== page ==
This study is important to describe the knowledge, attitudes and practices of street food vendors in an urban setting, with regard to food hygiene and safety. Through such research, gaps in food safety/hygiene knowledge among street food vendors can be identified in order to underpin the development of more specifically targeted and effective training programmed for such groups. Costumers confidence and regulatory control in street food vending can thus be achieved and the detrimental effects of food poisoning incidents on the customers as well as the city would be minimized. The ability of street food vendors to prepare safe foods could still be questionable with the perception sustained that street food vendors pose a health risk for all customers. In light of the important contribution those street food vendors. It is also important to know what are the street food vendors practices in terms of handling their product for the benefits of their consumer. Also to prevent of facing in the future of having food borne illness that will cause of death of many people.
VI. SCOPE AND DELIMITATION
This study will focus in the customer and the street food vendors itself around the City of Tarlac. The interviews and observations were done only by the Researcher. This study attempted to look into the factors that are related to the sanitation and hygiene of the street food vendors in Tarlac City. The study specifically determined the level of sanitation and hygiene of the street food vendors in Tarlac City based on the Ratings. The subject of this study were 100 of people, the 50% of the average will based on the questionnaire taken by the street food vendors it and the other 50% will be based on the customer. The study will also determine the relationship of the sanitation and hygiene to the street food vendors. The respondents of the study were the street food vendors itself and the customer of the street foods here in Tarlac City.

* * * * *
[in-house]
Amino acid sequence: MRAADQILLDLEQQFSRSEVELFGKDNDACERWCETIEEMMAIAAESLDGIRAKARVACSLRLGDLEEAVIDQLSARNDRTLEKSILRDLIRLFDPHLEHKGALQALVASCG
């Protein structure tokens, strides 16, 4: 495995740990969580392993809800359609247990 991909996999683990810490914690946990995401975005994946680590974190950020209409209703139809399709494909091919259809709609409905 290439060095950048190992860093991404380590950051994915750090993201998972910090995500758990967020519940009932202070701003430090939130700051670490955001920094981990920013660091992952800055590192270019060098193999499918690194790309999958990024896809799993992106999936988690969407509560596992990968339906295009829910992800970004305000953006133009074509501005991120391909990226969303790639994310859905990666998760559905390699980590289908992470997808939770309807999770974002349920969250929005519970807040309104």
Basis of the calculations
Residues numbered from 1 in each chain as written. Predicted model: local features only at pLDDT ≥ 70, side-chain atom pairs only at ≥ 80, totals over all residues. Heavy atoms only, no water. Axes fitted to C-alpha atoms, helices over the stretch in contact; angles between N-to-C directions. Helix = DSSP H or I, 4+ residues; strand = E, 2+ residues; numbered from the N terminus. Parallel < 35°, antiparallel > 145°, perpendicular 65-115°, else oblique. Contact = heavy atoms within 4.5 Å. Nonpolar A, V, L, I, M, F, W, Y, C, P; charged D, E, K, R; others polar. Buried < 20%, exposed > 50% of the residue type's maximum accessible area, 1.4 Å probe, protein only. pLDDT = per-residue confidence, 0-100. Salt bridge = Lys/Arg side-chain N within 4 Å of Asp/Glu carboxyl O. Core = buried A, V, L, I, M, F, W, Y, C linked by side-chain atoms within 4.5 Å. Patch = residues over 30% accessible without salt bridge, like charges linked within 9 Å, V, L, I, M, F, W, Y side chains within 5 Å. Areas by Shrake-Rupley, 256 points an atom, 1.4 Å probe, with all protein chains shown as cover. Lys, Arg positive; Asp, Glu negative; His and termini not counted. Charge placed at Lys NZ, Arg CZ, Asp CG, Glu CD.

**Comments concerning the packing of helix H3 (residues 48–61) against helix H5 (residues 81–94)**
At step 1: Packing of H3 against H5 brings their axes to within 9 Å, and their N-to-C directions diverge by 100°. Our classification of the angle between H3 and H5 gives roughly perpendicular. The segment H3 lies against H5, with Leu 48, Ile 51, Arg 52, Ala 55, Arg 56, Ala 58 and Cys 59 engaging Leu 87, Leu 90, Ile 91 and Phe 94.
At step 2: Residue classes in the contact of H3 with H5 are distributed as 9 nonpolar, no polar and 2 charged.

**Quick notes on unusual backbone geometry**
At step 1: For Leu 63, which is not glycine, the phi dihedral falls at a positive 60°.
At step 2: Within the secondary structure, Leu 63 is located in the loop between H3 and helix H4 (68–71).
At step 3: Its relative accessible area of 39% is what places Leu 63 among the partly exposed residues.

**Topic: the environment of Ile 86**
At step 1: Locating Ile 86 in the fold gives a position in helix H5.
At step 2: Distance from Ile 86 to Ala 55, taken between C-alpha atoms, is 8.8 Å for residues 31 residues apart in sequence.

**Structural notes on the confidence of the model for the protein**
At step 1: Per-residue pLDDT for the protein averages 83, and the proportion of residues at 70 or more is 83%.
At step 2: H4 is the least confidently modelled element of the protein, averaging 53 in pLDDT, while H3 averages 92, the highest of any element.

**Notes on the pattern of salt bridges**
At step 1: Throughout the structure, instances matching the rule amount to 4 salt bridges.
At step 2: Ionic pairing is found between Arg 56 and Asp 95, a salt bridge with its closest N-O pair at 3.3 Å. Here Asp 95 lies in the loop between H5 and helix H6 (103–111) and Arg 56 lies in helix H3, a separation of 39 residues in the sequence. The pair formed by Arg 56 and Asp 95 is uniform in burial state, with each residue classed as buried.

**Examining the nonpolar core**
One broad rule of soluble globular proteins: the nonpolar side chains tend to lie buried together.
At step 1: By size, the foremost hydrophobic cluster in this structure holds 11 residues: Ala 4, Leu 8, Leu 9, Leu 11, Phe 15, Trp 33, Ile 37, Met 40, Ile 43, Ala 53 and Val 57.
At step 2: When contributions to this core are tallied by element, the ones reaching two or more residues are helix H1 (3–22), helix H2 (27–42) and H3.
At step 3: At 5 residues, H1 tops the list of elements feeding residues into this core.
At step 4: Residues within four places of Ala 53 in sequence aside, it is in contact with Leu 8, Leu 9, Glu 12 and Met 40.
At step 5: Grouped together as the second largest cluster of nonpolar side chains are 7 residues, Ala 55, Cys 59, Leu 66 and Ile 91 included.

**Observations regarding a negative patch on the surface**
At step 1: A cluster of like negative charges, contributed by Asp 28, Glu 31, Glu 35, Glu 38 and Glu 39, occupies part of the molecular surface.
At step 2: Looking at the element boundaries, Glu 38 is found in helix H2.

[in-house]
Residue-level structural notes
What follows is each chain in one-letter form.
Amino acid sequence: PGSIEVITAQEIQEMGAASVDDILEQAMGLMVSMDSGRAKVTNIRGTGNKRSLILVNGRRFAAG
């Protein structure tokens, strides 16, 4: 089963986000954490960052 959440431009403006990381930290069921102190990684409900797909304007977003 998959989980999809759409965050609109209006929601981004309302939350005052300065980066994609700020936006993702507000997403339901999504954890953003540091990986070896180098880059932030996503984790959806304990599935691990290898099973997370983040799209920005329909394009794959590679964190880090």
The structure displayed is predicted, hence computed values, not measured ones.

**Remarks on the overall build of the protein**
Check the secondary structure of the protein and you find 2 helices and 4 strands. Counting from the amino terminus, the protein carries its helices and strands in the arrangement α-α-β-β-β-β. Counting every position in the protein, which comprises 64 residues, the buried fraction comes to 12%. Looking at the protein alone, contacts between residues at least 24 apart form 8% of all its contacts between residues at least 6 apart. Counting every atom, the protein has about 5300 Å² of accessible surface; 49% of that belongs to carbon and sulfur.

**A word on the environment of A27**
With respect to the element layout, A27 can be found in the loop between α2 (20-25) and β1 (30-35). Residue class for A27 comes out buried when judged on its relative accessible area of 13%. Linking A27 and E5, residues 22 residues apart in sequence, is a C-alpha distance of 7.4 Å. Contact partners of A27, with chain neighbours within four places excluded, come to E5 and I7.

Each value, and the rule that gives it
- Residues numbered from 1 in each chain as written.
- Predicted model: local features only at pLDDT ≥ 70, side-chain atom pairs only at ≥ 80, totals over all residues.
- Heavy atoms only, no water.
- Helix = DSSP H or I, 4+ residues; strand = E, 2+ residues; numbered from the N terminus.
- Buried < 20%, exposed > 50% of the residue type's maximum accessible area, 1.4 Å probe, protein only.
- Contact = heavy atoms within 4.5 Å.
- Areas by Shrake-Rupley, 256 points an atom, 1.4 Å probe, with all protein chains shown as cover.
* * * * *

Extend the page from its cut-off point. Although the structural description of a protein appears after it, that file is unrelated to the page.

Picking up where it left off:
VII. DEFINITION OF TERMS
Contamination: The act or process of contaminating something or becoming contaminated, or the unclean or impure state that results from this. Food: Material that provides living things with the nutrient they need for energy and growth. Food Safety: The assurance that food will not cause harm to the consumer when it is prepared and/or eaten according to its intended use.
Food Hygiene: All conditions and measures necessary to ensure the safety and suitability of food at all stages of the food chain.
Health: The general condition of the body or mind, especially in terms of the presence or absence of illnesses, injuries, or impairments. |
Hygiene: The practice or principle of cleanliness.
Safety: Protection from, or not being exposed to, the risk of harm or injury.
Sanitation: Conditions or procedures related to the collection and disposal of sewage and garbage. |
Street Foods: Ready-to-eat foods prepared and/or sold by vendors and hawkers in streets and other similar public places.
Street Food Vendors: Entrepreneurs selling ready-to-eat foods and beverages. Vendor: Someone who sell something.